Choose best method to set FMLA calendar
Under the FMLA, eligible employees are entitled to up to 12 weeks of unpaid leave to deal with qualifying serious health conditions.
Employers can calculate the 12-week entitlement by choosing one of four methods:
1. The calendar-year method is the simplest. Eligible employees are entitled to 12 unpaid weeks during any calendar year. Eligibility resets Jan. 1.
2. The fixed 12-month year method is based on any fixed 12-month “leave year” the employer chooses, such as the employer’s fiscal year or the employee’s anniversary date.
3. The single 12-month period method begins on the first day the employee takes leave and ends 12 months later.
4. The rolling 12-month calendar method measures backward from the date an employee first takes FMLA leave.
Not choosing a method can prove dangerous, as a recent case shows. Employers that don’t choose must provide leave under the method most beneficial for the employee. That means you will have to calculate leave under all four methods.
Recent case: Nichole was fired from her job at a nursing home. She had requested intermittent FMLA leave during pregnancy. The employer told her she had to take full-time leave until her delivery date.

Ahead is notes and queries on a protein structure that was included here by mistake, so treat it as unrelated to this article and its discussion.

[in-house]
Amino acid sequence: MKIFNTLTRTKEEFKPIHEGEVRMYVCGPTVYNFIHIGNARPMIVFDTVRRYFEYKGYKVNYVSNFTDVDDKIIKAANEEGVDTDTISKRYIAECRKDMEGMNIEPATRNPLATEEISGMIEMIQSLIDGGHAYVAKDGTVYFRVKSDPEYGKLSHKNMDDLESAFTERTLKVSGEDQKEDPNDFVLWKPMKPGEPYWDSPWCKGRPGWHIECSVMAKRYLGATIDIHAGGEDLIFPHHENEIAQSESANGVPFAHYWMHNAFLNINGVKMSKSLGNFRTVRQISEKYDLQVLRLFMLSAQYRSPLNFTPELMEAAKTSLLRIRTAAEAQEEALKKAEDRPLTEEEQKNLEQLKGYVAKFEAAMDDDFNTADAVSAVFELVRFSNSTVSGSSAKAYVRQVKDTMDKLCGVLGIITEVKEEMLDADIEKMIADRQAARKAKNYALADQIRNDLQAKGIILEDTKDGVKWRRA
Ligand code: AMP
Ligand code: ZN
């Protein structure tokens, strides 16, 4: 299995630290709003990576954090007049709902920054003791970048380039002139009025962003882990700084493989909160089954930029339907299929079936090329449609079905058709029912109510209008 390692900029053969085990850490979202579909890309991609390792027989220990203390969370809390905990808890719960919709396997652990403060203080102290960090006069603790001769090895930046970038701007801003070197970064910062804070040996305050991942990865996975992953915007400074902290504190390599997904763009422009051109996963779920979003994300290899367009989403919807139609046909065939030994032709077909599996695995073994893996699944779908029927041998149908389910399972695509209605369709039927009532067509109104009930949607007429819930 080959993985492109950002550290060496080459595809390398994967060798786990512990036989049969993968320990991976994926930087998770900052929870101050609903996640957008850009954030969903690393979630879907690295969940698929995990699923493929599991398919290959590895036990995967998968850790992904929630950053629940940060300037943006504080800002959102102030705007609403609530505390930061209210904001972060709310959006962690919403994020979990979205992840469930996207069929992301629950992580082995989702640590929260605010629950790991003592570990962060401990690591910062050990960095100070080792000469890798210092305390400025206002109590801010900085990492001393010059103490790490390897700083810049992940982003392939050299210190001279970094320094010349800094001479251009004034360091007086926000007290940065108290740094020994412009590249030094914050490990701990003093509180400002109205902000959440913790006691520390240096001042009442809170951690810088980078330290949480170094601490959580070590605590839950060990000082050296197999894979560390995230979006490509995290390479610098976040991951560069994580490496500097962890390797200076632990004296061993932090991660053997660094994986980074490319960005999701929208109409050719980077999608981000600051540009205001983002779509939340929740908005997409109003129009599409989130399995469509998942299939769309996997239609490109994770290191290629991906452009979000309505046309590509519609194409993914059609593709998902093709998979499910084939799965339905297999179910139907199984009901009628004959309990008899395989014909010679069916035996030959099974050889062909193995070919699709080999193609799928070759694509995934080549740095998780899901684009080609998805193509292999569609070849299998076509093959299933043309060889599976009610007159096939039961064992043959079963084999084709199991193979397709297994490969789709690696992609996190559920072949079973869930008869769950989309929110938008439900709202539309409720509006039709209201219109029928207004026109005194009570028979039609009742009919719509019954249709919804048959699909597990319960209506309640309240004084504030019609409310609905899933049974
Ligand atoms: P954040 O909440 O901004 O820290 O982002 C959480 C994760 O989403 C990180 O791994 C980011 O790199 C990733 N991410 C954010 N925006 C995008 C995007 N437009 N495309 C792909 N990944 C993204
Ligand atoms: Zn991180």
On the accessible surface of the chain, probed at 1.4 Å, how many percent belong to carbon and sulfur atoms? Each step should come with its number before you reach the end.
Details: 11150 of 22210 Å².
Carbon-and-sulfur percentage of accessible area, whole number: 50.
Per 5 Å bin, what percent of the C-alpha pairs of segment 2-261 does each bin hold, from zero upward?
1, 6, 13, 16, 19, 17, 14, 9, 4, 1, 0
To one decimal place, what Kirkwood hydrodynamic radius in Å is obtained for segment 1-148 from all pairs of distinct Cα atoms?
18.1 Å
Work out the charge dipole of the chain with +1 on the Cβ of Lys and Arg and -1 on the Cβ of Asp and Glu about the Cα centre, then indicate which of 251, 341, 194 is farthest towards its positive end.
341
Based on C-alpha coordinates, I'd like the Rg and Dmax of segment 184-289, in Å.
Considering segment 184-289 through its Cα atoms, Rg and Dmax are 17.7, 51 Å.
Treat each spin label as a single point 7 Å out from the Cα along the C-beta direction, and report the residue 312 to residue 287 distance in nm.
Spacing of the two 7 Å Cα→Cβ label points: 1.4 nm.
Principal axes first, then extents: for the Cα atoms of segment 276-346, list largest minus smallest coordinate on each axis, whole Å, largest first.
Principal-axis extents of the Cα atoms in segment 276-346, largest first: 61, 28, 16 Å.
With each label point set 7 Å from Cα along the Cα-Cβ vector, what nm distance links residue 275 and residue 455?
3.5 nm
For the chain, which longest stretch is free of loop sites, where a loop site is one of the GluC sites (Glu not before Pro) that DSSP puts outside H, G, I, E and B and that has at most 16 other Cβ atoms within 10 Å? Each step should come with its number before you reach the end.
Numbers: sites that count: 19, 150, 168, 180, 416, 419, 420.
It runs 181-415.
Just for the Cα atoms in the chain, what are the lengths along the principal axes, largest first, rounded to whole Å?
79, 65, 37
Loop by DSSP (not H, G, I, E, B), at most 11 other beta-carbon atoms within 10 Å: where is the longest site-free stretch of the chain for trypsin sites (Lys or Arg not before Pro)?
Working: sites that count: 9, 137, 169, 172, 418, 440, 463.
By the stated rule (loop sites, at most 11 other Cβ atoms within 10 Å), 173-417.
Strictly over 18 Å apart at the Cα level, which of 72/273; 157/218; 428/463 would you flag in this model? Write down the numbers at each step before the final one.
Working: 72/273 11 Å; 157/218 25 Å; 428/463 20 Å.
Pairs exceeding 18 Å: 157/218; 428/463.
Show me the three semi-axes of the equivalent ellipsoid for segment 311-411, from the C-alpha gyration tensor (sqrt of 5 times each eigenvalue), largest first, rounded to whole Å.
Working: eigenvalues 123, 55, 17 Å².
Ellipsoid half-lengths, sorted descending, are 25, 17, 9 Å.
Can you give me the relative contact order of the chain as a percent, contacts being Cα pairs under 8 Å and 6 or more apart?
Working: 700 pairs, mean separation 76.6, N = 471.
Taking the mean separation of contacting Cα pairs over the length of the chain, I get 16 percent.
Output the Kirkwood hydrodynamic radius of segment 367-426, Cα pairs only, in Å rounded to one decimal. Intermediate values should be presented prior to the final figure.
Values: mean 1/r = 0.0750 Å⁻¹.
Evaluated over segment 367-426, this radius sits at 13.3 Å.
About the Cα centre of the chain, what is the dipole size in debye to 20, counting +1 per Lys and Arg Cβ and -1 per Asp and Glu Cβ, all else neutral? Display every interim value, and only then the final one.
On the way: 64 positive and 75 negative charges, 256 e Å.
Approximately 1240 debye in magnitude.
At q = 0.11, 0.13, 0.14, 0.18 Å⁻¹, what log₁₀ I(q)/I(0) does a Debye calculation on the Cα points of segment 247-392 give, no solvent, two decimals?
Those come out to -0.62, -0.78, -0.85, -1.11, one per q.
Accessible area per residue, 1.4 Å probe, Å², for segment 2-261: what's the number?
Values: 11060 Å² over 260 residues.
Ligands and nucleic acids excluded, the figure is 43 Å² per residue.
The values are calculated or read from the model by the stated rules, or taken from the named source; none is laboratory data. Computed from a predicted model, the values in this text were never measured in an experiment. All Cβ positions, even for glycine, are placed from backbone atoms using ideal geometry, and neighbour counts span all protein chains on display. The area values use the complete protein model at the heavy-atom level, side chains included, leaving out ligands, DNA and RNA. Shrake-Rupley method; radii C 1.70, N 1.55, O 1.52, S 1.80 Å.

Nichole had a miscarriage, and by Dec. 30 had undergone a hysterectomy.
She requested more leave beginning in January. The employer told her she had used up her FMLA leave and terminated her.
She sued for interference with her FMLA rights.
The court said that the employer hadn’t chosen a leave entitlement method and therefore had to provide the one most favorable to Nichole. Resetting leave on Jan. 1 for the calendar year would have made her immediately eligible. Instead, it fired her.
The court said that gave her grounds to sue her employer. (Stahl v. Susque View Home Nursing, MD PA, 2019)
How to improve the FMLA? DOL wants your ideas
Even after 25 years, compliance with the FMLA still confuses and trips up employers. Recognizing this, the U.S. Department of Labor says it will soon seek public comments on ways to improve FMLA regulations to protect employees “and to reduce administrative and compliance burdens on employers.” Look for DOL’s request for comments this year or early 2020.